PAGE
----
Globalization has become such a fact of life that we forget how recent a phenomenon it really is. While today’s investors don’t think twice about investing in foreign markets, not all that long ago it was far less common. For much of history, investors have tended to stay in their home markets, building portfolios of domestic securities denominated in their local currency.
There are a number of reasons. Even had they desired it, before globalization access to foreign investments was difficult and expensive. More importantly, people tended not to see the need. This has changed. Today we know that diversifying abroad is one of the best ways to protect and even enhance portfolio returns.
Spreading risk, increasing opportunity
Well first of all, it helps avoid the pitfalls of “home bias” (defined as the overreliance on domestic investments in a portfolio).
“Home bias” has many pitfalls. It over-exposes investors to the economic cycles in their home market. As the macroeconomic situation either improves or deteriorates, so too will many of the country’s securities. It also robs investors of opportunities: whether the opportunity to take advantage of benign economic conditions elsewhere, or the opportunity to access a larger universe of titles (and hence opportunities).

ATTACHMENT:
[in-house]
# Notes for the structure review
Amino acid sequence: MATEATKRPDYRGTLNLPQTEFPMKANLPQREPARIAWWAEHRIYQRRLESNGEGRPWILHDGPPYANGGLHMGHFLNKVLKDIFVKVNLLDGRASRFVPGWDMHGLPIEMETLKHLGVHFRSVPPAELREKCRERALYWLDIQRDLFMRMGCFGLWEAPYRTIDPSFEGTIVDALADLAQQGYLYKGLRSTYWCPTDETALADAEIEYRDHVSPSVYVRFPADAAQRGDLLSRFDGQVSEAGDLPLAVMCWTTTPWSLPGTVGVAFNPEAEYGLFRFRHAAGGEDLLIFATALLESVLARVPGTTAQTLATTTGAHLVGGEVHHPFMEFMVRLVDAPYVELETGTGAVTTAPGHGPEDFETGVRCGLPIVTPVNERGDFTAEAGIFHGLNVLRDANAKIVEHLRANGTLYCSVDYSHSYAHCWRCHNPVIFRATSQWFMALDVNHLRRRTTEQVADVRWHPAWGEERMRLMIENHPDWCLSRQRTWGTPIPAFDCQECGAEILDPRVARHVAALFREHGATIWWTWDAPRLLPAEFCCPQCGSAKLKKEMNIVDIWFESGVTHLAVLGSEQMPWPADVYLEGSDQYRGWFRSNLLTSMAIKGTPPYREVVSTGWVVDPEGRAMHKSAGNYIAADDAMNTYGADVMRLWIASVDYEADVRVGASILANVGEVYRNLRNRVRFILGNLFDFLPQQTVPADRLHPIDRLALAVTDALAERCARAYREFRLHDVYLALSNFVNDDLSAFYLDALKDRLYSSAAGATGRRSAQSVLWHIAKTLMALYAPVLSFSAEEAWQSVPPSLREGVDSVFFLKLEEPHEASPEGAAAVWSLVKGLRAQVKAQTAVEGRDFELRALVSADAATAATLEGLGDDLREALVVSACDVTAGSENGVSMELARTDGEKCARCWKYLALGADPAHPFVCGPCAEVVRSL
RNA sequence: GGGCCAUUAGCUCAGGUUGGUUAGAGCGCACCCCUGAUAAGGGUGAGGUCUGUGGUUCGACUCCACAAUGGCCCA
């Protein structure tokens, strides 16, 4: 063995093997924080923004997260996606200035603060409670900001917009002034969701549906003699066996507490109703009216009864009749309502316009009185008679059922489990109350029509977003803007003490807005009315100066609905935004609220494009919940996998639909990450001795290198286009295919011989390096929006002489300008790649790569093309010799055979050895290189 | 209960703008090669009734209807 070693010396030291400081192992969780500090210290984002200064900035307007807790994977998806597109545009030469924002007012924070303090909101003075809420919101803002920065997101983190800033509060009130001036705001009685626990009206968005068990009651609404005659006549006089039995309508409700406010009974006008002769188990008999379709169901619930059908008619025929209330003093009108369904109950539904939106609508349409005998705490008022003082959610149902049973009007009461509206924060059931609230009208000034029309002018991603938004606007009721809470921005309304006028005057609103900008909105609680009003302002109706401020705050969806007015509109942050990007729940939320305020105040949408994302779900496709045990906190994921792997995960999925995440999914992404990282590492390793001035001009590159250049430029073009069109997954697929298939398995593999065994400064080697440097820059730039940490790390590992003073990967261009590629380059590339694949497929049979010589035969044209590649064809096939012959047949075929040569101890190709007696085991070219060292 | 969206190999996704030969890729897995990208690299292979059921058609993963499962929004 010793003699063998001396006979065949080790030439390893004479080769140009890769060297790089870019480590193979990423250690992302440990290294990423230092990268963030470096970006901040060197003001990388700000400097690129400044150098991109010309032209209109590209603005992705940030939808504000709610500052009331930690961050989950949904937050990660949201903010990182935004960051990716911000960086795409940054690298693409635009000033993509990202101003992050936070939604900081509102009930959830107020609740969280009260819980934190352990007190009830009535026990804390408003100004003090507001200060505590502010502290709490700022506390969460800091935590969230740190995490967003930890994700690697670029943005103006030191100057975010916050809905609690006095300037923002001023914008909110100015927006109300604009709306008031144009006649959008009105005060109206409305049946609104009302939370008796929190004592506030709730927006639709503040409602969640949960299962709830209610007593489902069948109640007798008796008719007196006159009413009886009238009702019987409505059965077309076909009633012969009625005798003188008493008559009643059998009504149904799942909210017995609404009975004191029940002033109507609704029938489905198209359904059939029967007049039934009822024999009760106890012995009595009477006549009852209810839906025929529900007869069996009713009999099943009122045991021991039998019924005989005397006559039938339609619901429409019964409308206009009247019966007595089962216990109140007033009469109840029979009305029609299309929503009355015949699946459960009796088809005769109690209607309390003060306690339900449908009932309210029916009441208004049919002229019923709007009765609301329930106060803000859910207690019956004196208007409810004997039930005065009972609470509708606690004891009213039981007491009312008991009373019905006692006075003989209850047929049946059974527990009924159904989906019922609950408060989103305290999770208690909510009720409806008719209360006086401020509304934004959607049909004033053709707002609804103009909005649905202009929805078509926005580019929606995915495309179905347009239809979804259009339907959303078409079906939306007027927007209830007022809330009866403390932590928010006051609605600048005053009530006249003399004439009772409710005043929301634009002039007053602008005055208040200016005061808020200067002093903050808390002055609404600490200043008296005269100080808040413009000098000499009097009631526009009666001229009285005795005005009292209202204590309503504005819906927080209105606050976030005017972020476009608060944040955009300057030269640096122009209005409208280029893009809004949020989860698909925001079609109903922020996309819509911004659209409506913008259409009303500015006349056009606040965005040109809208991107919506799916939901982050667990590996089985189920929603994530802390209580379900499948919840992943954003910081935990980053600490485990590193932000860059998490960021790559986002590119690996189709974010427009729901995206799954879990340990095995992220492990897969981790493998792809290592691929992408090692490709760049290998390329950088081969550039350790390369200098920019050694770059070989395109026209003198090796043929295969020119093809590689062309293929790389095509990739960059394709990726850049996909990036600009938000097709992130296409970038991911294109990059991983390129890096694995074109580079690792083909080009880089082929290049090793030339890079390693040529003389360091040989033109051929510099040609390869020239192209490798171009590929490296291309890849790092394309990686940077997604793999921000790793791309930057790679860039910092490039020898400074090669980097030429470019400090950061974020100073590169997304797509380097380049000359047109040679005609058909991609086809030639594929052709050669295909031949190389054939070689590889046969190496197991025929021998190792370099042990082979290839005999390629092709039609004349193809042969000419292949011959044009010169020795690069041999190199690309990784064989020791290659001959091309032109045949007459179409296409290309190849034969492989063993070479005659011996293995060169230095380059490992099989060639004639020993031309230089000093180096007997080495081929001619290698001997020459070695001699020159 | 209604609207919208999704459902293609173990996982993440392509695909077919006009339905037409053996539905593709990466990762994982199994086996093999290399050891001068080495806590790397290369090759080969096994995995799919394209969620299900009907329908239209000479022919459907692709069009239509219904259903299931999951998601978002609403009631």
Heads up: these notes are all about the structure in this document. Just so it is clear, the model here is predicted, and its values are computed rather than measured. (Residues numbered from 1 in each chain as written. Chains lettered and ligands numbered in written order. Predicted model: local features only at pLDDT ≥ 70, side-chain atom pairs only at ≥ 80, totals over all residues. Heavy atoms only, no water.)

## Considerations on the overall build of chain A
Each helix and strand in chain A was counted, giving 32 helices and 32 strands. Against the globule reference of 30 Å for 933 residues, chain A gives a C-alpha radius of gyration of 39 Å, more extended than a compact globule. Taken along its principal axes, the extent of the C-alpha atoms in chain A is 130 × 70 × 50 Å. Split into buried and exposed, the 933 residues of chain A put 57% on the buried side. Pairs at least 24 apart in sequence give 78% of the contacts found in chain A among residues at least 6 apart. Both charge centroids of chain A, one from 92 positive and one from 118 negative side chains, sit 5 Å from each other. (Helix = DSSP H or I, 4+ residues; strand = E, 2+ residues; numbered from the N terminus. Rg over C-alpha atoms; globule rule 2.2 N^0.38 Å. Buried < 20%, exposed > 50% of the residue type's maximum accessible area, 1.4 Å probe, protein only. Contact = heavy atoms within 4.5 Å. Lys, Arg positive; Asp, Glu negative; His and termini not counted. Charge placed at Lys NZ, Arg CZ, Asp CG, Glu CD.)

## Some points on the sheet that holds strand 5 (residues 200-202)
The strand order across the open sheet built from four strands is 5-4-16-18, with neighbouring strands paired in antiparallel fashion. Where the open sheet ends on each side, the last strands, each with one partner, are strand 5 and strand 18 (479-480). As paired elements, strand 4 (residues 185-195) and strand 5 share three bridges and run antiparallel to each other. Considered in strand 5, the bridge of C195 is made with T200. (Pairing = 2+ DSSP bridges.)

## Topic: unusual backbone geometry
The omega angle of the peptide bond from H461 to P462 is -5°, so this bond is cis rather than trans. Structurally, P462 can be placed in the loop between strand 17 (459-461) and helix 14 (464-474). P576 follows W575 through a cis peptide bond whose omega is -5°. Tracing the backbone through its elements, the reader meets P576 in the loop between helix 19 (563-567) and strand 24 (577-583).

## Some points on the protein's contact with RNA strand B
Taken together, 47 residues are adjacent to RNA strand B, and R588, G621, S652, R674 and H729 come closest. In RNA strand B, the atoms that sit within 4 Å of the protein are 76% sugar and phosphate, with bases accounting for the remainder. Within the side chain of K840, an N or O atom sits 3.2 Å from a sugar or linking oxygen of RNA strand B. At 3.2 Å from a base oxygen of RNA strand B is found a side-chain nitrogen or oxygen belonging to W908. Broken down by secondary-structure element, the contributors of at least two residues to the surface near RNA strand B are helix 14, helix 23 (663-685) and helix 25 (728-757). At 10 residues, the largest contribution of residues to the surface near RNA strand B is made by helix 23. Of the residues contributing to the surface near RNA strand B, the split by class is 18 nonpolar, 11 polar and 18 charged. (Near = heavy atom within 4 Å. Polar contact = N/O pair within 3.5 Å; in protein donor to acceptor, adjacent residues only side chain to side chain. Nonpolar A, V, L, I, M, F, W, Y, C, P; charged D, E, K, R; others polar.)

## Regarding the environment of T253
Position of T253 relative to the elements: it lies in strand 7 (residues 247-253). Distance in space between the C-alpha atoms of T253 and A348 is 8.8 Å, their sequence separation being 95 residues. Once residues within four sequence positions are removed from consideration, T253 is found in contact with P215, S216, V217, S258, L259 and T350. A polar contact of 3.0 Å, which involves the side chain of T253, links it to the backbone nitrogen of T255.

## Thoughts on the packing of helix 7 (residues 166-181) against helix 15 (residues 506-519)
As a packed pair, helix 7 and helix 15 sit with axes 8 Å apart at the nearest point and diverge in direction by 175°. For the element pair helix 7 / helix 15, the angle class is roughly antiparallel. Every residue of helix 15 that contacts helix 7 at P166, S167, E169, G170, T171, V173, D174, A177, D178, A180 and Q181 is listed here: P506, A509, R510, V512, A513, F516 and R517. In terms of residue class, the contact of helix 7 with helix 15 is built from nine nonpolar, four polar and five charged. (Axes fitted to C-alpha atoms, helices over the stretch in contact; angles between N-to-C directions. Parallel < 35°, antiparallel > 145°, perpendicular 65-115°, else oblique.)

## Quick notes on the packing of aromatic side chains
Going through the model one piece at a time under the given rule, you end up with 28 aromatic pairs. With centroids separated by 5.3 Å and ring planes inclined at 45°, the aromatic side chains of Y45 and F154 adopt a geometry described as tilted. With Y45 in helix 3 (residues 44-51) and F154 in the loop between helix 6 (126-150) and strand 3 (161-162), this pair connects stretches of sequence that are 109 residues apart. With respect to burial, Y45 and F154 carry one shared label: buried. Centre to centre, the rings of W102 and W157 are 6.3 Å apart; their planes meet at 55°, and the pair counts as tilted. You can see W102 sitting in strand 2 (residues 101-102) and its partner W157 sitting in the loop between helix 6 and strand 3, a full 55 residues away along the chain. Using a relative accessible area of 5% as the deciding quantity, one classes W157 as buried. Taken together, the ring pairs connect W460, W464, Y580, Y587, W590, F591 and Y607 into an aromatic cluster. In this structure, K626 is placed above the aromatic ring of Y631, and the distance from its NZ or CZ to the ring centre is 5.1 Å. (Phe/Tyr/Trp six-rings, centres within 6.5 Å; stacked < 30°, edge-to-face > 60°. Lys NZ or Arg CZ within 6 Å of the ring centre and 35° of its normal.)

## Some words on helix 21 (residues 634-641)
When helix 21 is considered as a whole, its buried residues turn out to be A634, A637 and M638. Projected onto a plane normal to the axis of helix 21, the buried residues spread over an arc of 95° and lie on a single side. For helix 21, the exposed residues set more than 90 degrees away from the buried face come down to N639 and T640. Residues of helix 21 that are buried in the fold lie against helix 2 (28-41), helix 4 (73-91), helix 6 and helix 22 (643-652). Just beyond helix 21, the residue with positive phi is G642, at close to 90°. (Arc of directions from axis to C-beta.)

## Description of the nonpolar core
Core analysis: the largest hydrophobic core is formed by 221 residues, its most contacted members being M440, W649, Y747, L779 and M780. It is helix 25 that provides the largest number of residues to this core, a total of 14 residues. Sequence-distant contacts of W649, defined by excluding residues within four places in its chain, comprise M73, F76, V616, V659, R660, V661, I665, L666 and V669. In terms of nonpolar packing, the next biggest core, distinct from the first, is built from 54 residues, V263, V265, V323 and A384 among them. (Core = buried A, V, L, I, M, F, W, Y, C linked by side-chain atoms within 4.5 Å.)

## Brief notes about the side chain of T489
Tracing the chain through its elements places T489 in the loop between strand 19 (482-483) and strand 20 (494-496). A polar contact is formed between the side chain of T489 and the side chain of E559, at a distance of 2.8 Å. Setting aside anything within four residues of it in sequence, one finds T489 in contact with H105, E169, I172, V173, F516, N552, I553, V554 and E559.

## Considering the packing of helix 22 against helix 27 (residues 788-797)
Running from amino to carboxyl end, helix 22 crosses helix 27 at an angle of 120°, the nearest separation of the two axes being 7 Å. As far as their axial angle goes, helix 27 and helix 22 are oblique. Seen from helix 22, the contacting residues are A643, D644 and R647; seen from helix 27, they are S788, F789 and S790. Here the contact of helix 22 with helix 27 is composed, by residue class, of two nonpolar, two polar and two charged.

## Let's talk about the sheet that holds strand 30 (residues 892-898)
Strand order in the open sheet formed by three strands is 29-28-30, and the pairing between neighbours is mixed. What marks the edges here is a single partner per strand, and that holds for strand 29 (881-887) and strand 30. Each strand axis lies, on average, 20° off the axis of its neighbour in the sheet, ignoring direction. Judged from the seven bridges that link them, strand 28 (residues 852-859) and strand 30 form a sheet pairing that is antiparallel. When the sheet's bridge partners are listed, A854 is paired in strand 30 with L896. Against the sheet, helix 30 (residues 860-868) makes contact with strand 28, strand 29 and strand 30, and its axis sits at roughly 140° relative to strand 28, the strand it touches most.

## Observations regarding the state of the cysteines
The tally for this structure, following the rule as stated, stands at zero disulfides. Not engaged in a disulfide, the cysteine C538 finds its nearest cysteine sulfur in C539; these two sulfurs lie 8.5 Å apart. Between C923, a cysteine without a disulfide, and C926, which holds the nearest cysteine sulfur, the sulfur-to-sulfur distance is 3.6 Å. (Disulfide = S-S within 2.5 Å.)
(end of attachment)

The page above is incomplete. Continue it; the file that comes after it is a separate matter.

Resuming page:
This is mostly common investing sense: concentrating in any one market, domestic or foreign, adds risk. By adding diversification, globally oriented portfolios spread the risk around, reducing it overall. That is why in today's globalized market, where it has become extremely easy to invest in foreign markets, investors are piling on.
There’s an index for that
One of the easiest ways to access the opportunities in foreign markets is through ETFs. With index funds in markets and asset classes all over the world, they offer access to a huge universe of opportunities to cater to almost any investment style, with high liquidity and at a low cost.
Internationally oriented index investors do however have to worry about currency risk. For this reason, ETF investors are increasingly turning to currency-hedged ETFs, which have built-in hedges that shield investors from foreign exchange loss on their positions.
It's like getting the best aspects of travel abroad without leaving the comforts of home.